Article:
making:

"_1 Black Melton Frock Coat, patts? £3, 10s._

"_? Trousers. 2 pairs or one._

"_1 Cheviot Tweed Suit (write for patterns. Self-meas.?)_"

The Vicar spent some time studying a pleasing array of model gentlemen.
They were all very nice-looking, but he found it hard to imagine the
Angel so transfigured. For, although six days had passed, the Angel
remained without any suit of his own. The Vicar had vacillated between a
project of driving the Angel into Portbroddock and getting him measured
for a suit, and his absolute horror of the insinuating manners of the
tailor he employed. He knew that tailor would demand an exhaustive
explanation. Besides which, one never knew when the Angel might leave.
So the six days had passed, and the Angel had grown steadily in the
wisdom of this world and shrouded his brightness still in the ample
retirement of the Vicar's newest clothes.

"_1 Soft Felt Hat, No. G. 7 (say), 8s 6d._

"_1 Silk Hat, 14s 6d. Hatbox?_"

("I suppose he ought to have a silk hat," said the Vicar; "it's the
correct thing up there. Shape No. 3 seems best suited to his style. But
it's dreadful to think of him all alone in that great city. Everyone
will misunderstand him, and he will misunderstand everybody. However, I
suppose it _must_ be. Where was I?)"

"_1 Toothbrush. 1 Brush and Comb. Razor?_

"_½ doz. Shirts (? measure his neck), 6s ea._

"_Socks? Pants?_

"_2 suits Pyjamas. Price? Say 15s._

"_1 doz. Collars ('The Life Guardsman'), 8s._

"_Braces. Oxon Patent Versatile, 1s 11½d._"

("But how will he get them on?" said the Vicar.)

"_1 Rubber Stamp, T. Angel, and Marking Ink in box complete, 9d._

("Those washerwomen are certain to steal all his things.")

"_1 Single-bladed Penknife with Corkscrew, say 1s 6d._

"_N.B. - Don't forget Cuff Links, Collar Stud, &c._" (The Vicar loved
"&c.", it gave things such a precise and business-like air.)

"_1 Leather Portmanteau (had better see these)._"

And so forth - meanderingly. It kept the Vicar busy until lunch time,
though his heart ached.

The Angel did not return to lunch. This was not so very remarkable - once
before he had missed the midday meal. Yet, considering how short was the
time they would have together now, he might perhaps have come back.
Doubtless he had excellent reasons, though, for his absence. The Vicar
made an indifferent lunch. In the afternoon he rested in his usual
manner, and did a little more to the list of requirements. He did not
begin to feel nervous about the Angel till tea-time. He waited, perhaps,
half an hour before he took tea. "Odd," said the Vicar, feeling still
more lonely as he drank his tea.

As the time for dinner crept on and no Angel appeared the Vicar's
imagination began to trouble him. "He will come in to dinner, surely,"
said the Vicar, caressing his chin, and beginning to fret about the
house upon inconsiderable errands, as his habit was when anything
occurred to break his routine. The sun set, a gorgeous spectacle, amidst
tumbled masses of purple cloud. The gold and red faded into twilight;
the evening star gathered her robe of light together from out the
brightness of the sky in the West. Breaking the silence of evening that
crept over the outer world, a corncrake began his whirring chant. The
Vicar's face grew troubled; twice he went and stared at the darkening
hillside, and then fretted back to the house again. Mrs Hinijer served
dinner. "Your dinner's ready," she announced for the second time, with a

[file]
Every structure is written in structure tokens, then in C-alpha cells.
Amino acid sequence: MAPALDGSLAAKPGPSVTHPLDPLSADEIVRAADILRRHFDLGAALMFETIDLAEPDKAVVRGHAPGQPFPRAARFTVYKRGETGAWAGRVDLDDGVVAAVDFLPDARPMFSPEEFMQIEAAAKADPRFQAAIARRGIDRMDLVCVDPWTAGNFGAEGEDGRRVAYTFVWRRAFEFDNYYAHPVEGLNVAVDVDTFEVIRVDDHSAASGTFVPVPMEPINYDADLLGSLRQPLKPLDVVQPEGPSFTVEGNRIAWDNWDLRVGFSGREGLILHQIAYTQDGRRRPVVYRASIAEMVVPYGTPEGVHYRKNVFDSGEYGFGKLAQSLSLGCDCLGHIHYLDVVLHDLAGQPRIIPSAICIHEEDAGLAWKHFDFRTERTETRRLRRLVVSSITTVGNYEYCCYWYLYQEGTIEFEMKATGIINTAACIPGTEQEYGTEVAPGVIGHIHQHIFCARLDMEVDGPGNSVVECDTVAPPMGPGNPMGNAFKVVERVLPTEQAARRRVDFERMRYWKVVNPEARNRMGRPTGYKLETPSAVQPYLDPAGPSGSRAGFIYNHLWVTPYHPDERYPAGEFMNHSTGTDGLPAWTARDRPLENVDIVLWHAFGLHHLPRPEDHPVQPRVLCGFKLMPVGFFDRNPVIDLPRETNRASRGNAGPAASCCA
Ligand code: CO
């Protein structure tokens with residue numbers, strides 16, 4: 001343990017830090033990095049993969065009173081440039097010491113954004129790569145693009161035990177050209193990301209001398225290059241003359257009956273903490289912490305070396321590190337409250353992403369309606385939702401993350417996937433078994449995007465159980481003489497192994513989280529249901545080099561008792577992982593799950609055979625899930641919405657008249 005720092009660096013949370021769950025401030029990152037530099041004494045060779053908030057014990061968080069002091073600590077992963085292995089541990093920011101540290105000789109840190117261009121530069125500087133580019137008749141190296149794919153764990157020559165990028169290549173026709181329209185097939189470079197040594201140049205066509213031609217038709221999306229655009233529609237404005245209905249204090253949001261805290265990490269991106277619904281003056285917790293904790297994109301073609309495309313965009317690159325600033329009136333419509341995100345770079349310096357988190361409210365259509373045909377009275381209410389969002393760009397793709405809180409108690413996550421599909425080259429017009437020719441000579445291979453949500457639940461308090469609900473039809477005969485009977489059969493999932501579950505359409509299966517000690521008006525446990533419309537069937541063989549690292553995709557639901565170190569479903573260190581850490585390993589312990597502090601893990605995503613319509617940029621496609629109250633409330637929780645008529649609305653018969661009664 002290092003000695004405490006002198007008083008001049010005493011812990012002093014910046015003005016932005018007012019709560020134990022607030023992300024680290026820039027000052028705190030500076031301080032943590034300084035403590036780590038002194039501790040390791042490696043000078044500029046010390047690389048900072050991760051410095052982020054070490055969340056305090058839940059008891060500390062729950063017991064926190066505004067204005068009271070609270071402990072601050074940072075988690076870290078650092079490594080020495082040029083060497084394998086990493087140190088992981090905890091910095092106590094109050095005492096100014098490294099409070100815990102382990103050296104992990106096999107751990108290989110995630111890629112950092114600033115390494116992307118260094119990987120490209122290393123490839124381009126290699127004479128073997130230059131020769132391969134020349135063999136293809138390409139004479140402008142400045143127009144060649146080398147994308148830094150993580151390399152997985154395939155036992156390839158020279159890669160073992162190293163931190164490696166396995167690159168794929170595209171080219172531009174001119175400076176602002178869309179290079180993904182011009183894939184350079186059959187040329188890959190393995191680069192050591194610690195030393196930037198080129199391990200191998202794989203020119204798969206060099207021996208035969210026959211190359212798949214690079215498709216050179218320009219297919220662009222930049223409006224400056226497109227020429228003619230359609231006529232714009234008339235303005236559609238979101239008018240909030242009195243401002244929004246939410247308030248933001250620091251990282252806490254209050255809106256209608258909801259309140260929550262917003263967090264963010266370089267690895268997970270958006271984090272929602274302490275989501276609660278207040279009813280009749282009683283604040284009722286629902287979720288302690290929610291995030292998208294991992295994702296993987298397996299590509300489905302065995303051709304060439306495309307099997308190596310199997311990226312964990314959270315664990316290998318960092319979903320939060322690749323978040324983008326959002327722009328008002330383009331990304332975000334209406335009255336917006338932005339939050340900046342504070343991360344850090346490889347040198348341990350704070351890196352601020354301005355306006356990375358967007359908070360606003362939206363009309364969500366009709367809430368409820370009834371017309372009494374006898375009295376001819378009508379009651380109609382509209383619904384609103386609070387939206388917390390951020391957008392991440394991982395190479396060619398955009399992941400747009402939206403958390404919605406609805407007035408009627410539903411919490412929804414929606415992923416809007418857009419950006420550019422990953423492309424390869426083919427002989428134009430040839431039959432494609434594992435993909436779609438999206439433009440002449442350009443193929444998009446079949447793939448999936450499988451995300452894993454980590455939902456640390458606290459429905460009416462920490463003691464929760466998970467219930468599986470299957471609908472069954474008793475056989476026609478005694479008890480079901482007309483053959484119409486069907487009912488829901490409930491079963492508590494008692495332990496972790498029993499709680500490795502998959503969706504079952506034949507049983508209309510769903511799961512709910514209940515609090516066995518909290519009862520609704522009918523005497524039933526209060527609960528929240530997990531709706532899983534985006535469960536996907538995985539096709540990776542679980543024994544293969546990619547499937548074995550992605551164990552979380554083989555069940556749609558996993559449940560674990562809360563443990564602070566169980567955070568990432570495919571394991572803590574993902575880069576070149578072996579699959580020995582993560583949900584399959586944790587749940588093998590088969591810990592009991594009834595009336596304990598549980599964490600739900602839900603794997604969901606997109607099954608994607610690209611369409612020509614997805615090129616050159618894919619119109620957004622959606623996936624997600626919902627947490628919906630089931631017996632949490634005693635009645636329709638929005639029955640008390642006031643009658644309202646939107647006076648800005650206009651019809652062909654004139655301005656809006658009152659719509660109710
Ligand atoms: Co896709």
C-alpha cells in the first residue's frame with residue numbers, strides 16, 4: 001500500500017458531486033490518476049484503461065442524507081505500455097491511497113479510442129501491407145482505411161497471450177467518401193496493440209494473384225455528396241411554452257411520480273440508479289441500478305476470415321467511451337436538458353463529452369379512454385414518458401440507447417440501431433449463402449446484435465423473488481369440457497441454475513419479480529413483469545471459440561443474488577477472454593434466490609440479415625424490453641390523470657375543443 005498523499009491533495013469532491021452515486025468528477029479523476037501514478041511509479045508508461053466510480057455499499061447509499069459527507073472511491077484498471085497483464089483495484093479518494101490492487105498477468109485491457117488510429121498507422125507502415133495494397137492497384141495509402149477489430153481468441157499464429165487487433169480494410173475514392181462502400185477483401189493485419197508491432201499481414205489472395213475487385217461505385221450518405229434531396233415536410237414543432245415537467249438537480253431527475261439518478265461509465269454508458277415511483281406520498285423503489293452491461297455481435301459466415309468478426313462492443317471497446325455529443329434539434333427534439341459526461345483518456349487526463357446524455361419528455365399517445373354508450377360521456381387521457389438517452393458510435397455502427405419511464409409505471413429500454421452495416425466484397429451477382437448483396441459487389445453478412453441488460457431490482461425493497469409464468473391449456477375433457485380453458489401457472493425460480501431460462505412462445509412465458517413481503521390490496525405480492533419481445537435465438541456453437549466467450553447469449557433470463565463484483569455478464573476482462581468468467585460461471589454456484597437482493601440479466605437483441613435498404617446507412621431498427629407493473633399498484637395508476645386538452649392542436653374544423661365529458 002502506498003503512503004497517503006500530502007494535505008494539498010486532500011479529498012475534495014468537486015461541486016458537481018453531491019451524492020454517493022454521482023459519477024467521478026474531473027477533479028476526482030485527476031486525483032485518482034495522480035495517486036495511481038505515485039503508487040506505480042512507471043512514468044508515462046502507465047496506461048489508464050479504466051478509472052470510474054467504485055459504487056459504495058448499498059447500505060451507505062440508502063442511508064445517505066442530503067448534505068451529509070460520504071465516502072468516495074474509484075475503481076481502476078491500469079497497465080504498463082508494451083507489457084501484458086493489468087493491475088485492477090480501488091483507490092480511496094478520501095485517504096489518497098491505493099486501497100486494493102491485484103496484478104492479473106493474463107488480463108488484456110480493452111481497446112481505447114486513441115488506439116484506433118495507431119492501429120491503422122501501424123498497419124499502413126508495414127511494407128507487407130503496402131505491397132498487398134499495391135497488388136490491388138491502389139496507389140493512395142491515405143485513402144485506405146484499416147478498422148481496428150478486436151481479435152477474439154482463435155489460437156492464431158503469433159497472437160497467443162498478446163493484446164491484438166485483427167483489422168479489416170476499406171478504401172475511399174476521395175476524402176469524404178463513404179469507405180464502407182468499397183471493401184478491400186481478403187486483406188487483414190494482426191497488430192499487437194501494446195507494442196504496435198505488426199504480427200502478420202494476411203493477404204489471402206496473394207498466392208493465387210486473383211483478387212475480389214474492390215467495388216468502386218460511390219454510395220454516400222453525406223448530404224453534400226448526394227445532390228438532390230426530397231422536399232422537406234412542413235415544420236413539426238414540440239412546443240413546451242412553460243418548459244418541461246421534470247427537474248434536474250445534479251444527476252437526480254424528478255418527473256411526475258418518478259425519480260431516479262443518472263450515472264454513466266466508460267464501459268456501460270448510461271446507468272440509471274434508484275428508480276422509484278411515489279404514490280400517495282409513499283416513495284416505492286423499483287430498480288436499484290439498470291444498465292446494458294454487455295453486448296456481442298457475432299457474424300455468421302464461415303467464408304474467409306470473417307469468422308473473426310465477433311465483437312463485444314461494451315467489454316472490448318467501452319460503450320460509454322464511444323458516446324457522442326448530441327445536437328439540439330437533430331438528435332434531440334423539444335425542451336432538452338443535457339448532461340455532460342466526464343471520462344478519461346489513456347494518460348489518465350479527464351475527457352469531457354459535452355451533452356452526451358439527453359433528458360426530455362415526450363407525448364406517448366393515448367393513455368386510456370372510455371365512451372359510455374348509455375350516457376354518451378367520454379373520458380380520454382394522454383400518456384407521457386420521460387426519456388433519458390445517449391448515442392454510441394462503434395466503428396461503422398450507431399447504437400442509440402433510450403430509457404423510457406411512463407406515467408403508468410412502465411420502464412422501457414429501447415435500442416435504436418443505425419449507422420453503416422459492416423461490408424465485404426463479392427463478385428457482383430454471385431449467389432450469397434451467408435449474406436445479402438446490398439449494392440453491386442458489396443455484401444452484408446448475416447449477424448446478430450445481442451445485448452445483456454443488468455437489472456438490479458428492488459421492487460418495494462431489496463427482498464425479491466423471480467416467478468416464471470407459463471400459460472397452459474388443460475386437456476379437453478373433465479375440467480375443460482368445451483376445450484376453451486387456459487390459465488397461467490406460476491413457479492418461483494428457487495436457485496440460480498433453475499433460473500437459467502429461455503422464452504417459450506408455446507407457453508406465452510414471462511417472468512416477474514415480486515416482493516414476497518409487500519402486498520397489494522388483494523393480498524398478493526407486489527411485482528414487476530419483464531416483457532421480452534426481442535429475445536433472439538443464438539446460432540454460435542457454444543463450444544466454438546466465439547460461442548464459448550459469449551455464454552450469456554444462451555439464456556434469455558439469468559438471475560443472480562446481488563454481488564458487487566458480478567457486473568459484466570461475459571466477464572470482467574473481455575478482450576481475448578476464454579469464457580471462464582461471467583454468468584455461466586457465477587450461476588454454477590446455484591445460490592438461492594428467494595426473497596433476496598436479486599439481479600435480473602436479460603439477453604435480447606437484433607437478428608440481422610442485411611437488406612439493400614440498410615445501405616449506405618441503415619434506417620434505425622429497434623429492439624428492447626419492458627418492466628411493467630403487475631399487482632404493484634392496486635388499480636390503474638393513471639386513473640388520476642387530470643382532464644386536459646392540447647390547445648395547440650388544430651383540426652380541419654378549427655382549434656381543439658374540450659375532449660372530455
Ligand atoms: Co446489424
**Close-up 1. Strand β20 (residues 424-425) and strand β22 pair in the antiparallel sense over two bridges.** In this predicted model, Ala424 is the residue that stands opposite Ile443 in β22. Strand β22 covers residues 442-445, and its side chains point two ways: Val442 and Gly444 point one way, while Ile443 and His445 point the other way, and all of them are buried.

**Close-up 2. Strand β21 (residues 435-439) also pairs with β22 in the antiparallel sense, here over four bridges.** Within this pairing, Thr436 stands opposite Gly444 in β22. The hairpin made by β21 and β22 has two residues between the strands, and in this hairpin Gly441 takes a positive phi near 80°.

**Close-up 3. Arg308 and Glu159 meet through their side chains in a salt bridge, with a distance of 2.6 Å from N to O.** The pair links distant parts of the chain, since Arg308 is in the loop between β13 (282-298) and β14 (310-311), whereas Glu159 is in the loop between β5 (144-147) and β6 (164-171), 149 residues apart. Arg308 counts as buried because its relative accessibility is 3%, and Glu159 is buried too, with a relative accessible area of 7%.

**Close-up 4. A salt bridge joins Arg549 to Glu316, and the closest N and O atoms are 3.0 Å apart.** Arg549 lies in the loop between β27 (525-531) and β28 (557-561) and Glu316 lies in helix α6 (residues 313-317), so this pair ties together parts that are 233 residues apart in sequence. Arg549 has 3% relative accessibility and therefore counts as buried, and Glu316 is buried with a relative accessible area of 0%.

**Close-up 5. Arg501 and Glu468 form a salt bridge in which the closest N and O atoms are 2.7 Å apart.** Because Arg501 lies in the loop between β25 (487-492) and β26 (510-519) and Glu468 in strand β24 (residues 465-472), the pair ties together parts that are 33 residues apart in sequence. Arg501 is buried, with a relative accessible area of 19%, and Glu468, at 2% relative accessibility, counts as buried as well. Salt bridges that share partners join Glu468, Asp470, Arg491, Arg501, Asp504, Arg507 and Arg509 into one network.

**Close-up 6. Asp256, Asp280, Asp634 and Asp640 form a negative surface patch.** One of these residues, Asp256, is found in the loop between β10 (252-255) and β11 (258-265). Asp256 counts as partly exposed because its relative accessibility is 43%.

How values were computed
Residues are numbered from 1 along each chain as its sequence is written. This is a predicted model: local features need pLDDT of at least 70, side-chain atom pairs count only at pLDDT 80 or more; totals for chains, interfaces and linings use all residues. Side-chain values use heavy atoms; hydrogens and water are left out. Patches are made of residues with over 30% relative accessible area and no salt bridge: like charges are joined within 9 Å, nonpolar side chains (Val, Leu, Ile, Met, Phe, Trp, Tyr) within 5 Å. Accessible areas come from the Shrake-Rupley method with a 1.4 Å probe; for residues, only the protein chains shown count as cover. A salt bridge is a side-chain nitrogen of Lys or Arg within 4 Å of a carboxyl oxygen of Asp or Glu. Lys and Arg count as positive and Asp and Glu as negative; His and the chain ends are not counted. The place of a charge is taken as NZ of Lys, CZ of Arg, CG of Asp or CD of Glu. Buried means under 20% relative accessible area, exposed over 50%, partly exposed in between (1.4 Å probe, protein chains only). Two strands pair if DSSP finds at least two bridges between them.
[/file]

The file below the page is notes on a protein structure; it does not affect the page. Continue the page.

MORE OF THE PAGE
reproachful intonation. "Yes, yes," said the Vicar, fussing off
upstairs.

He came down and went into his study and lit his reading lamp, a patent
affair with an incandescent wick, dropping the match into his
waste-paper basket without stopping to see if it was extinguished. Then
he fretted into the dining-room and began a desultory attack on the
cooling dinner....

(Dear Reader, the time is almost ripe to say farewell to this little
Vicar of ours.)




XLVIII.


Sir John Gotch (still smarting over the business of the barbed wire) was
riding along one of the grassy ways through the preserves by the Sidder,
when he saw, strolling slowly through the trees beyond the undergrowth,
the one particular human being he did not want to see.

"I'm damned," said Sir John Gotch, with immense emphasis; "if this isn't
altogether too much."

He raised himself in the stirrups. "Hi!" he shouted. "You there!"

The Angel turned smiling.

"Get out of this wood!" said Sir John Gotch.

"_Why?_" said the Angel.

"I'm - - - ," said Sir John Gotch, meditating some cataclysmal
expletive. But he could think of nothing more than "damned." "Get out of
this wood," he said.

The Angel's smile vanished. "Why should I get out of this wood?" he
said, and stood still.

Neither spoke for a full half minute perhaps, and then Sir John Gotch
dropped out of his saddle and stood by the horse.

(Now you must remember - lest the Angelic Hosts be discredited
hereby - that this Angel had been breathing the poisonous air of this
Struggle for Existence of ours for more than a week. It was not only his
wings and the brightness of his face that suffered. He had eaten and
slept and learnt the lesson of pain - had travelled so far on the road to
humanity. All the length of his Visit he had been meeting more and more
of the harshness and conflict of this world, and losing touch with the
glorious altitudes of his own.)

"You won't go, eigh!" said Gotch, and began to lead his horse through
the bushes towards the Angel. The Angel stood, all his muscles tight and
his nerves quivering, watching his antagonist approach.

"Get out of this wood," said Gotch, stopping three yards away, his face
white with rage, his bridle in one hand and his riding whip in the
other.

Strange floods of emotion were running through the Angel. "Who are
you," he said, in a low quivering voice; "who am I - that you should
order me out of this place? What has the World done that men like
you...."

"You're the fool who cut my barbed wire," said Gotch, threatening, "If
you want to know!"

"_Your_ barbed wire," said the Angel. "Was that your barbed wire? Are
you the man who put down that barbed wire? What right have you...."